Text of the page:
Monday, May 17, 2010

The Shadow of Her Smile by Mary Higgins Clark

If it is April, it must be that Mary Higgins Clark has a new book. The latest from the popular mystery writer is The Shadow of Her Smile. As is usually the case, the novel concerns itself with a larger issue than the murder mystery. In this book, beatification of a former nun serves as the background for the story.

Olivia Morrow, an octogenarian, has been told that she has very little time left to live by her doctor. She is in possession of papers that contain a family secret about her cousin, Catherine, a nun, who because of her ability to heal those suffering from a terminal disease, is in the final stages of the beatification process. While in her teens Catherine gave birth in Ireland to a boy who was given up for adoption. Olivia is conflicted as to whether to divulge the secret or take it to the grave with her.

Monica Farrell is a pediatrician at a small hospital in New York who has treated a small boy with brain cancer who was miraculously cured. She is also very active in trying to secure a grant for her hospital from the Gannon foundation so that the pediatric unit could be expanded and become state of the art. As the novel begins Dr. Farrell is treating a Sally, a toddler for asthma and pneumonia. Sally's mother, Reneé Carter, is mysteriously absent and is being cared for by a nanny. Monica is also celebrating the miraculous remission of Carlos Garcia's leukemia.

As is typical of Mary Higgins Clark's books, the numerous characters - Monica, Olivia, Dr. Clayton Hadley, Alex Gannon, Greg Gannon, Reneé Carter, Tony Garcia, and Ryan Jenner are all interconnected. Tony Garcia drives Olivia Morrow to the cemetery where Catherine is buried and proves to be the fulcrum on which the novel hinges.

There are the perfunctory murders, blackmail, and stalking. This is not one of MHC's best efforts. It was fairly easy to solve and not much of a thriller. It did keep my interest and was a good light read after Suite Français. The topic of beatification and medical miracles was an interesting subplot and one that provokes some extended attention. I will await next April's publication with the hope that Clark can regain the skill with which she used to write the involved and complicated novel.

Saturday, May 8, 2010

Suite Française by Irène Némirovsky

Suite Française is a posthumously novel published by Irène Némirovsky, a Russian Jew who lived in Paris during the German occupation. It had originally been intended to be a five-part work, modeled after a Beethoven symphony. However, Némirovsky was arrested and deported in 1942 and eventually died at Auschwitz before the work was completed. The work that exists today was found in a suitcase by her daughters Denise and Elizabeth who could not bear to read their mother's words. The novel was eventually published in 2005.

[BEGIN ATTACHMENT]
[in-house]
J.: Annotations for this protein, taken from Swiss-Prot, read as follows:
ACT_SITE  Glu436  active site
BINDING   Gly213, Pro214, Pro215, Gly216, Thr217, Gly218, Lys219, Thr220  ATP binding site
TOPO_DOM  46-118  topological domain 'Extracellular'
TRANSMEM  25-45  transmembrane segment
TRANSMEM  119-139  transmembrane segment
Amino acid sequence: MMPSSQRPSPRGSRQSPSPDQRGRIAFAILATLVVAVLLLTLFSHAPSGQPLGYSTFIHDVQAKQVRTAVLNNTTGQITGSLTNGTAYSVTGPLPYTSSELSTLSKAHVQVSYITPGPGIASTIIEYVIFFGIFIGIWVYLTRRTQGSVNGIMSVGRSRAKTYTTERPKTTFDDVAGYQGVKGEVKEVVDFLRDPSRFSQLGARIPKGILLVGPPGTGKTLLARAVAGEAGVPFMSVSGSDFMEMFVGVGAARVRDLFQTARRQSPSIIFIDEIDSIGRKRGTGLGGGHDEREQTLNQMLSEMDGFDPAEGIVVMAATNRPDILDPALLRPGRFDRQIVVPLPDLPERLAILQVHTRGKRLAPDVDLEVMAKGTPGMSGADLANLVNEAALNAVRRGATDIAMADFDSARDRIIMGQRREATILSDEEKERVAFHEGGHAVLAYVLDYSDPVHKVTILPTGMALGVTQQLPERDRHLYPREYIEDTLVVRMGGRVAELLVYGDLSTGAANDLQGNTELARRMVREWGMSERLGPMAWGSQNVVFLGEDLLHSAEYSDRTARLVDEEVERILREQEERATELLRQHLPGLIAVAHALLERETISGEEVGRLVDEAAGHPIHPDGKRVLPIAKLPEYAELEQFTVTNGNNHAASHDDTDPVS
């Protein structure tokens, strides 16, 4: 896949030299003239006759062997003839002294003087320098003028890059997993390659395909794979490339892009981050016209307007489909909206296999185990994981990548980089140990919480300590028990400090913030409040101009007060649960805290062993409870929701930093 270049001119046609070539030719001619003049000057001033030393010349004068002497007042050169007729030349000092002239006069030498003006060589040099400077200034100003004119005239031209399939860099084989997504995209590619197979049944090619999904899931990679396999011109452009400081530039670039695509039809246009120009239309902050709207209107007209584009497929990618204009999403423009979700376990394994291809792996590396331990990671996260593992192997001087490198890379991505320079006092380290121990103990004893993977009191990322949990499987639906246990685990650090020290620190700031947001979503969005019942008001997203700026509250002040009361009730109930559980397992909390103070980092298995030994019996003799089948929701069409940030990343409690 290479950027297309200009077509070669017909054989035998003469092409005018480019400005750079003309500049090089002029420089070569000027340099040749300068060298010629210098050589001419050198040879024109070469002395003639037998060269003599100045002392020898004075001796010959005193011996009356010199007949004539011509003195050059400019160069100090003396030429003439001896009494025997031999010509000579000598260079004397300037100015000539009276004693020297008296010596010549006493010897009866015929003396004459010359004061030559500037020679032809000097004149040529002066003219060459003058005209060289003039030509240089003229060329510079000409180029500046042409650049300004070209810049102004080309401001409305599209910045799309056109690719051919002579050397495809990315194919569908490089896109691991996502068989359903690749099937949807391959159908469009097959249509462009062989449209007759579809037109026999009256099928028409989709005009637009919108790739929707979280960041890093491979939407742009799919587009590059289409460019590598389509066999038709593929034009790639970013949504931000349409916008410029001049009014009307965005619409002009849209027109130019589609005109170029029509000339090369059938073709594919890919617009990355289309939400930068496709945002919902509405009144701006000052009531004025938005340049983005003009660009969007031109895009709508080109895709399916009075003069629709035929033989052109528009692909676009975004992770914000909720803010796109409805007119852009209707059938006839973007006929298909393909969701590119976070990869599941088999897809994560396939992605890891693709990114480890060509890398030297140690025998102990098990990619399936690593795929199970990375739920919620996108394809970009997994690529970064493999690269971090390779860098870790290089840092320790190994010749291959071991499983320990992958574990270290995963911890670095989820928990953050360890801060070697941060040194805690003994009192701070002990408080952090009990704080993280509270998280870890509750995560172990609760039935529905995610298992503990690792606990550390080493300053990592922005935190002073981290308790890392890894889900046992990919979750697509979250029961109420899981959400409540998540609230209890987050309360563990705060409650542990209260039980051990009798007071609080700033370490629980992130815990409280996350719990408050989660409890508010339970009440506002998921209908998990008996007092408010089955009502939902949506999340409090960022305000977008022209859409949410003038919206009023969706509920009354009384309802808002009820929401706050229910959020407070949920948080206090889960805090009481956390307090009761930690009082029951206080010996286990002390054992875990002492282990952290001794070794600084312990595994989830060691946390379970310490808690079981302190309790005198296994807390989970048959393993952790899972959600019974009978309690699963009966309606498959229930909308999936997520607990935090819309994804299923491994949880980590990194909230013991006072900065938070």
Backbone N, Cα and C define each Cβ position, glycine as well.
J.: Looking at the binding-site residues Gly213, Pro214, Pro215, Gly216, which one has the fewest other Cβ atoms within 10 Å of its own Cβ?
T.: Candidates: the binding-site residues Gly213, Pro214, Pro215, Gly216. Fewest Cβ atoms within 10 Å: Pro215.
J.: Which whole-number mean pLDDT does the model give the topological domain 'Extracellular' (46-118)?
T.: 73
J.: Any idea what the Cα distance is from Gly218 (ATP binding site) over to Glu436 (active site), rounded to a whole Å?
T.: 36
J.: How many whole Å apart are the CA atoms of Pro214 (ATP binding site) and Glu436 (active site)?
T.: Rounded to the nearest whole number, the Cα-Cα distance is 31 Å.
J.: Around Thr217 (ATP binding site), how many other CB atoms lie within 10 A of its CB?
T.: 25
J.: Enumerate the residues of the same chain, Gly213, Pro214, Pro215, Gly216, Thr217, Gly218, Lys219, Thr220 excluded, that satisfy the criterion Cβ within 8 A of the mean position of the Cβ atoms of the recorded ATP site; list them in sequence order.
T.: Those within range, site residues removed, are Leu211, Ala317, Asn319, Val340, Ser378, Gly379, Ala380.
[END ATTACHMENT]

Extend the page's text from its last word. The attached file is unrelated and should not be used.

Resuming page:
The first part of the novel is "Storm in June" and recounts the massive exodus of Parisians at the time of the German occupation through the eyes and actions people of people trying to flee the city. The Péricands are a wealthy family who have their servants pack all their belongings for them. They will be traveling to Nimes. Gabriel Corté, a writer, is fleeing with his mistress. The Michauds are a couple that work for a Parisian banker. They originally believed that they would be evacuated with the rest of the bank workers, but were left behind when there was no room for them. They were given orders to meet the bankers by a given time. Charles Langelet goes it alone by trying to steal gasoline from unsuspecting motorists. At times comical, poignant and very satiric, this movement of the symphony is allegro.

The second part of the novel is "Dolce" and is told through the eyes of Lucille Angellier whose husband is a prisoner of war. Her disdain for him because of his unfaithfulness leads her down the path of guilt as she must come to grips with her romantic feelings for Bruno, a German soldier who is billeted in the house that she shares with her mother-in-law. Their platonic relationship grows into what will more than likely become a romantic one. Or will it? To complicate matters, a German officer is shot by a local hunter and Lucille is drawn into the situation when asked to harbor the criminal. The novella is the adagio movement, told slowly and serenely. The descriptions are incredibly beautiful with the reader dwelling on each phrase as to breathe in the scene that is being created.

Némirovsky was a devout fan of Tolstoy's War and Peace and also Turgenev and Chekhov. As we think what would have been if she had finished this literary symphony, we can only surmise that it would have been on equal standing with Tolstoy's masterpiece. She was an accomplished writer at the time of her death and we can be thankful that at least we have a portion of her masterly crafted opus magnus.